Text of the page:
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What foods are rich in protein?

What foods are rich in protein?

Protein—it helps you build and maintain muscle, keeps you full, and makes your whole body strong. What foods can you eat to get the protein you need?

Variety is key, as different kinds of proteins serve different purposes. Some of the best sources include eggs, chicken, cheese, and seafood.

The reason that we need more variety in our protein intake is because there are 20 total amino acids that our bodies need that make up proteins; nine of them are essential, meaning that we have to consume them from food because our bodies cannot produce it (Women’s Health Magazine). Foods that have all nine of these essential amino acids are called complete proteins. Incomplete proteins must be eaten in combination with other foods for the body to be able to absorb what it needs. Each person’s daily protein needs vary depending on many factors, but you can find a starting point from My Fitness Pal. Because the body can only absorb so much protein at once, it is important to spread intake out all day long.

Examples of complete proteins are all animal proteins and soy.

  • Eggs are one of the cheapest forms of protein, and they come with healthy fats, vitamins, and minerals. The whites are basically pure protein. The kind of protein found in eggs is also most easily assimilated by the body.
  • Chicken breast without the skin is very low fat and high protein, with the protein making up 80% of its total calories.
  • Lean beef can have 22 grams of protein in a 3-ounce serving, and it also has a higher iron content than white meats.
  • Shrimp is 90% protein with 18 grams of it and only 84 calories in a 3-ounce serving.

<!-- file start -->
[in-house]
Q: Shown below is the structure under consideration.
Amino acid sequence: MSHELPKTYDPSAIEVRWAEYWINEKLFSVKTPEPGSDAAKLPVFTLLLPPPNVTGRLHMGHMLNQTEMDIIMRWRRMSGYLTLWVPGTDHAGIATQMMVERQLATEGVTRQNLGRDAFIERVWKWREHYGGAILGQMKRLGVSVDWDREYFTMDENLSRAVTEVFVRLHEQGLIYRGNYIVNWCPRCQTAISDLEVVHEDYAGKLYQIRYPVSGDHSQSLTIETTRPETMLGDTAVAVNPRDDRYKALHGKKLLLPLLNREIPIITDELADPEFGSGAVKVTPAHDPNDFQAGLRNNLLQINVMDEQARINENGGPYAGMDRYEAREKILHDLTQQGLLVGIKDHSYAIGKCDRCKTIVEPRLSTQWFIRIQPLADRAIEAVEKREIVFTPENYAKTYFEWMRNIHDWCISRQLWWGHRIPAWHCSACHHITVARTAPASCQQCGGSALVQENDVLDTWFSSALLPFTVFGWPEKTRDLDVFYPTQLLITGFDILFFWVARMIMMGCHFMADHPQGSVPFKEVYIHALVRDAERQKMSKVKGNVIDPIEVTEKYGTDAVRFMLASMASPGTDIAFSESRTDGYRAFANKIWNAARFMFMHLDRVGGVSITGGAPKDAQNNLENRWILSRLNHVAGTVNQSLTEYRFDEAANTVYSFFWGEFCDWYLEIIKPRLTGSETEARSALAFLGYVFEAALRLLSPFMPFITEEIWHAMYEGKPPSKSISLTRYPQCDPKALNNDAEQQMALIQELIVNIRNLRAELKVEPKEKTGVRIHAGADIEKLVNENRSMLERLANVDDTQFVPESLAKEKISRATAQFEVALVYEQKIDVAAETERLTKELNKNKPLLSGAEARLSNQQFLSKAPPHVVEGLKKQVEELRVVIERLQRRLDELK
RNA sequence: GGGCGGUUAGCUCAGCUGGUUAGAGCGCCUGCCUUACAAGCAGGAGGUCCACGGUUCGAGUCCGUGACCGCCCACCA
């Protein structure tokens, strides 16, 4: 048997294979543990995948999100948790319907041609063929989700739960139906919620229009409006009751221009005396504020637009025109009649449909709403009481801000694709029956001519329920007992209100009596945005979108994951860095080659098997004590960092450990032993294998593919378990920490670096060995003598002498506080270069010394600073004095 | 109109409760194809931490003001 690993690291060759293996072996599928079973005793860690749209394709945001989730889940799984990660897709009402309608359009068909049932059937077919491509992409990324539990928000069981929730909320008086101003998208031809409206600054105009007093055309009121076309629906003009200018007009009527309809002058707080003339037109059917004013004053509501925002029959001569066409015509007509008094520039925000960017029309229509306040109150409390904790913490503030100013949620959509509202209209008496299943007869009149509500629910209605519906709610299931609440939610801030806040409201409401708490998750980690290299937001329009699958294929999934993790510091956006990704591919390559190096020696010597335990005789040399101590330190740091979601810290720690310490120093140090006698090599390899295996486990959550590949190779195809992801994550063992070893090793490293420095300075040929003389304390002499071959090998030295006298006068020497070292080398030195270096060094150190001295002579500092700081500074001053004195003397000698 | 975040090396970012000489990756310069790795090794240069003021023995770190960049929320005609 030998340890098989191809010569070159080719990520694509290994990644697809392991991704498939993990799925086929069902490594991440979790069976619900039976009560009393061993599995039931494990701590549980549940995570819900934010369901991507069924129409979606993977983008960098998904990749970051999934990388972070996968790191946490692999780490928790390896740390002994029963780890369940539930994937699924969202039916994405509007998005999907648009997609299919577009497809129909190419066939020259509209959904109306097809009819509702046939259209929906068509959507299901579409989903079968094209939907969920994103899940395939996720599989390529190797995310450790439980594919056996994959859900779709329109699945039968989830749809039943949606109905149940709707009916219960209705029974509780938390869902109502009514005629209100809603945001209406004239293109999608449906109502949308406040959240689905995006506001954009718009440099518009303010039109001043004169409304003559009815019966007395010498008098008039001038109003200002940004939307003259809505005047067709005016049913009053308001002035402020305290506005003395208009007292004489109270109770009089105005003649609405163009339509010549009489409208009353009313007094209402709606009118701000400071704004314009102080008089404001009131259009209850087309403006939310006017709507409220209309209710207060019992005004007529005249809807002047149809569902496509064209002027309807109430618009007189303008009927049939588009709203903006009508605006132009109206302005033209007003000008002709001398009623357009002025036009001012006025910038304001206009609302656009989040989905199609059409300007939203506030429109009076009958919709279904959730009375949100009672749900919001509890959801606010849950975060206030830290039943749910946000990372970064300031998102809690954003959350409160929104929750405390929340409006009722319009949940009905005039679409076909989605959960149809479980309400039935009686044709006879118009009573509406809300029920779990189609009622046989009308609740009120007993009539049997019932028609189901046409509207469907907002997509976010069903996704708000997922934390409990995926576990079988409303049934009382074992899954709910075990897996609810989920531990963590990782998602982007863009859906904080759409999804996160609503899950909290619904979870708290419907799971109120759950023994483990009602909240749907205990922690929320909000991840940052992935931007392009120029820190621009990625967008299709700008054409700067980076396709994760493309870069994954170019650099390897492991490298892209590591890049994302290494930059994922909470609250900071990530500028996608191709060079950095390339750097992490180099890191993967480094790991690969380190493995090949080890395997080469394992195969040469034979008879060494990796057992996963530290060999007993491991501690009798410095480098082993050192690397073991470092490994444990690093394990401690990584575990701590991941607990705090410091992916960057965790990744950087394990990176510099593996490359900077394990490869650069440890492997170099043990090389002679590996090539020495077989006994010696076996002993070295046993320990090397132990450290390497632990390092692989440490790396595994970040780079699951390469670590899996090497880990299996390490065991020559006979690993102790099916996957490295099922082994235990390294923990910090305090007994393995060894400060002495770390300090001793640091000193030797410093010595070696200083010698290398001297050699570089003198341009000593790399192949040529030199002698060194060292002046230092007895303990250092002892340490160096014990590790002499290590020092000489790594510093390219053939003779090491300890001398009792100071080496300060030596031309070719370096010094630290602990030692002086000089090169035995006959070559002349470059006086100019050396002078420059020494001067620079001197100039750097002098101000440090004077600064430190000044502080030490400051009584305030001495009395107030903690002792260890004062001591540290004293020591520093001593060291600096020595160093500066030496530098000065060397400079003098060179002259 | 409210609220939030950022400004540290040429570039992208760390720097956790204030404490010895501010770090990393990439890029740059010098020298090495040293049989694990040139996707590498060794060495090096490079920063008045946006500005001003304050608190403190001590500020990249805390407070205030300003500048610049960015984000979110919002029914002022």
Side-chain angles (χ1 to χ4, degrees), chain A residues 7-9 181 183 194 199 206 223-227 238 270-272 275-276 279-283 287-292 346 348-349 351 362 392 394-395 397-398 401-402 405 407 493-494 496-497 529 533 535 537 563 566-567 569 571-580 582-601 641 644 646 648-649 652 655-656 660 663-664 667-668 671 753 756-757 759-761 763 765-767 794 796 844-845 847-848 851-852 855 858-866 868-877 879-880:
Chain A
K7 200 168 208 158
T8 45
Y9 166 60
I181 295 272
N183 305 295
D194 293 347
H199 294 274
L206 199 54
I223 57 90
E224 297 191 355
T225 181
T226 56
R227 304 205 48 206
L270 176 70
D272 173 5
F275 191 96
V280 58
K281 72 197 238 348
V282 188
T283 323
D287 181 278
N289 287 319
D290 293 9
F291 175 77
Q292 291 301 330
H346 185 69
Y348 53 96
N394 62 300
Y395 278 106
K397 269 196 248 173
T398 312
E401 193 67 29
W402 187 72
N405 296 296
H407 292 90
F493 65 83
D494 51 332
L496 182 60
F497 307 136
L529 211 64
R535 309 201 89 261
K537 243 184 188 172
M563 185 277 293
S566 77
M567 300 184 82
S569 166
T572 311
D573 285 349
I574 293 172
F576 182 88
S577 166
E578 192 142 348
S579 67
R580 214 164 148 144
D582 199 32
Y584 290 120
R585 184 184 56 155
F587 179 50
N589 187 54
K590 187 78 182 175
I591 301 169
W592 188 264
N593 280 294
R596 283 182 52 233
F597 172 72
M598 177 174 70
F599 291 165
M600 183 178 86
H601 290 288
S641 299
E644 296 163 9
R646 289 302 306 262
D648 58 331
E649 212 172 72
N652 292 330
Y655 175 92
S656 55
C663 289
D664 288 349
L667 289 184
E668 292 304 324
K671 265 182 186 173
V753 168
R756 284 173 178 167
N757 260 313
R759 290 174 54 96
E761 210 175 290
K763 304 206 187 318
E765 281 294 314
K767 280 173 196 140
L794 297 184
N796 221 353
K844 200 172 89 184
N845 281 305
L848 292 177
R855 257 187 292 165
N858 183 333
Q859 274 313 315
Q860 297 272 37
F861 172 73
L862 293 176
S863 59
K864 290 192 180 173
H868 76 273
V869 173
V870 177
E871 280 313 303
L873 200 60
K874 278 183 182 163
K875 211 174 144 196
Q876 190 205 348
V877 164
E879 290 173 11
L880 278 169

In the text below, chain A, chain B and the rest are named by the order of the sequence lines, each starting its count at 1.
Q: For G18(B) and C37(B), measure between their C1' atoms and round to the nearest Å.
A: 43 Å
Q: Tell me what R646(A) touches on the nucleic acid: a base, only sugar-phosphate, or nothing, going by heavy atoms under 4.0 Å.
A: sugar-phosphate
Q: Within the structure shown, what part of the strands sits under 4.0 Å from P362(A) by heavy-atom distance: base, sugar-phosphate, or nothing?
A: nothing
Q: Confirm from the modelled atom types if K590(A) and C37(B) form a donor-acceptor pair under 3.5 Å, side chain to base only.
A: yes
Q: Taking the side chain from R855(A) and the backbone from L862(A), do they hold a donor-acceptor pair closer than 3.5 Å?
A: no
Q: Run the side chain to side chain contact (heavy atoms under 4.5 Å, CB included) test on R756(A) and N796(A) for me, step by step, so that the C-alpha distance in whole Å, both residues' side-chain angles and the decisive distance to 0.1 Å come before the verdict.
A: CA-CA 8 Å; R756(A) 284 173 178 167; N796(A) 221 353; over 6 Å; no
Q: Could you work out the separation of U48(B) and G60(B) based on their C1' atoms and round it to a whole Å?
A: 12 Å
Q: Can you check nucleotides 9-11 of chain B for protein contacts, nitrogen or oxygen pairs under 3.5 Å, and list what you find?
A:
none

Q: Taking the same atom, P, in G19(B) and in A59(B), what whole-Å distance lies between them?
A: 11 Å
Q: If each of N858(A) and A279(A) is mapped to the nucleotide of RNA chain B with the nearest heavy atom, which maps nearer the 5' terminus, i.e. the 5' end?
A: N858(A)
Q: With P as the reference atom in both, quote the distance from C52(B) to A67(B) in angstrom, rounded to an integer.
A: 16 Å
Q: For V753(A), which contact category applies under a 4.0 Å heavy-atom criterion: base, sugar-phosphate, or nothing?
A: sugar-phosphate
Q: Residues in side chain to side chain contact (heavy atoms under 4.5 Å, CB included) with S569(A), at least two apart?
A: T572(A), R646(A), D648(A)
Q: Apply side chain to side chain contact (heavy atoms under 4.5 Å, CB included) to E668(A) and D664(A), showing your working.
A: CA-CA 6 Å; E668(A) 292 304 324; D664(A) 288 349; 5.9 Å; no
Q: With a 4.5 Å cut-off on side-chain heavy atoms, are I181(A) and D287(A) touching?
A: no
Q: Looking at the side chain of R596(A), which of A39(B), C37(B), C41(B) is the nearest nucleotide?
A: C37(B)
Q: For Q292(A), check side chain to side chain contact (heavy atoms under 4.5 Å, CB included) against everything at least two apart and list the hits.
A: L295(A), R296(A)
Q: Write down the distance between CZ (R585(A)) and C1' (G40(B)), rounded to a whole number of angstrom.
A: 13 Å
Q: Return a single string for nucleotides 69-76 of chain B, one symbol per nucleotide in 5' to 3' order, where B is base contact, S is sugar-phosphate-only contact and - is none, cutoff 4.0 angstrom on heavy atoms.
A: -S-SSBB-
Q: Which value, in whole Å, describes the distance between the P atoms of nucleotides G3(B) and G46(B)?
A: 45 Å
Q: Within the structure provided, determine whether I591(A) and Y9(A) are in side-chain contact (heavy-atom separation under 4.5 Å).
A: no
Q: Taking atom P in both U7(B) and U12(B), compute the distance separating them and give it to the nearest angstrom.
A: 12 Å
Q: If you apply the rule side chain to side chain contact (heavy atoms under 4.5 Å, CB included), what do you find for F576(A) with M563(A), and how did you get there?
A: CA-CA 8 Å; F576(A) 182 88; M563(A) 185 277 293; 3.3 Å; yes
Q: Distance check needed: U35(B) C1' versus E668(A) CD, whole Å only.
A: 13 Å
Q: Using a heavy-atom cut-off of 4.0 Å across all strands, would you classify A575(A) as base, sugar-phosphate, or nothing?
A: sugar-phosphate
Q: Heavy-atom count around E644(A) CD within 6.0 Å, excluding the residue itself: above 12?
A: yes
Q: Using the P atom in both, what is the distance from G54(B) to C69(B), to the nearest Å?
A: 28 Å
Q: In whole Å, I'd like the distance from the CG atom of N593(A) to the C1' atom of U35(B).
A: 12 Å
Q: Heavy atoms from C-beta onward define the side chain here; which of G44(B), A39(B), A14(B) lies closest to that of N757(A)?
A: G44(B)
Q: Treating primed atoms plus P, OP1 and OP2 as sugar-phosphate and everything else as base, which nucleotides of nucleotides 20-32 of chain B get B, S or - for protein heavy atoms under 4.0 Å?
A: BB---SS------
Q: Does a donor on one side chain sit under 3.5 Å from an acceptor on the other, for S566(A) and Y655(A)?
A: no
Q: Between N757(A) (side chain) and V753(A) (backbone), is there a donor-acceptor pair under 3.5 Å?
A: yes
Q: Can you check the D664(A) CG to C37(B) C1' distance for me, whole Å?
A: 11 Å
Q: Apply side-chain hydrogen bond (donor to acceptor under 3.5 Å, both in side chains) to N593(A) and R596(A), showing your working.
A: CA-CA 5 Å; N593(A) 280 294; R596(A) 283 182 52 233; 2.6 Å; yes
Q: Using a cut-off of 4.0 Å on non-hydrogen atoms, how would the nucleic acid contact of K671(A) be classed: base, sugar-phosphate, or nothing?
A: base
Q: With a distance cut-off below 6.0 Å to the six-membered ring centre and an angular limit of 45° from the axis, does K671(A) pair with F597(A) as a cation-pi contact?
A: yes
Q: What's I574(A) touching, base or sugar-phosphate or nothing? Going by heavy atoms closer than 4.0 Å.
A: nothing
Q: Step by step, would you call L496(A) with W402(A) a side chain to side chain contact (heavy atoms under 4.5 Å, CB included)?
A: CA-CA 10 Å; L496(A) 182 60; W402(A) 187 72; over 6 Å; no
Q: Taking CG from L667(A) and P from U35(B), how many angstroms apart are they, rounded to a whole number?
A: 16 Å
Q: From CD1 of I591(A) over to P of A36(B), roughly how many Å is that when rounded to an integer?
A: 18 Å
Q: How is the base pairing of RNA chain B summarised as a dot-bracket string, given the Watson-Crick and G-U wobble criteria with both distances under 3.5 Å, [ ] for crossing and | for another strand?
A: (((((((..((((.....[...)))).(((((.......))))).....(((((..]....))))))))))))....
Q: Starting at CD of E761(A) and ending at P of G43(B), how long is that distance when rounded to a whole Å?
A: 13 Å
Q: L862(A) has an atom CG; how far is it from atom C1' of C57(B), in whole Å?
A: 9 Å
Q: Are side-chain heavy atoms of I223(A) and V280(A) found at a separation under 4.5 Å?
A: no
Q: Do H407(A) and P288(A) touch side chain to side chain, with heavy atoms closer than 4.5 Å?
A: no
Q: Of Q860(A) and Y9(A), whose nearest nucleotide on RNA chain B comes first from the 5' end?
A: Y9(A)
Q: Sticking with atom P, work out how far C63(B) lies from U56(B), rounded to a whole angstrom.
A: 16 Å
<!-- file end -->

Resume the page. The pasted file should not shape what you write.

(Healthline)

Incomplete proteins are still a good source of the macro-nutrient and are usually the sole source of proteins for those following vegetarian diets. Thoughtfully pairing foods such as these can still help people get the protein they need.

  • Beans and grains, such as wild rice, quinoa, sunflower seeds, and chickpeas work in combination in the Protein Bowl at POP Health Food Shop.
  • A classic but powerful combo is peanut butter and bread, and this can go for meals and snacks. You could make a sandwich, toast, crackers, waffles or pancakes, or even try a waffle with cream cheese, Brie cheese, and peanuts or walnuts at Wafels & More.

Other great protein options that can be found at the grocery store or eating out include milk, Greek yogurt, tuna, turkey, Parmesan and cottage cheeses. Nuts, seeds, lentils, beans, and tofu are other non-meat options that can help boost protein throughout the day for anyone’s needs.

Knowing all these options for getting the protein you need, you can make a wise choice at your next meal. However, we are not giving any official medical advice, and personal needs should be addressed individually.

High-protein foods

Protein rankings by serving size:

  • Chicken and turkey breast: 20+ g per 3 oz
  • Lean beef: 22g per 3 oz
  • Tuna: 20 g in 3 oz
  • Shrimp: 18 g per 3 oz
  • Lentils: 18 g per 1 cup
  • Greek yogurt: 17 grams in a 6-oz container
  • Tempeh: 16 g in 3 oz
  • Chickpeas: 15 g per cup
  • Cottage cheese: 12 g in half cup
  • Edamame: 9 g in half cup
  • Tofu: 9 g in 3 oz
  • Milk: 8 grams per cup
  • Pumpkin seeds: 8 g per oz
  • Parmesan cheese: 8 g per oz
  • Black beans: 7 g in half cup
  • Eggs: 6 g per egg
  • Almonds: 6 grams per ounce

(Healthline and Prevention)

Article Written By luigiperri

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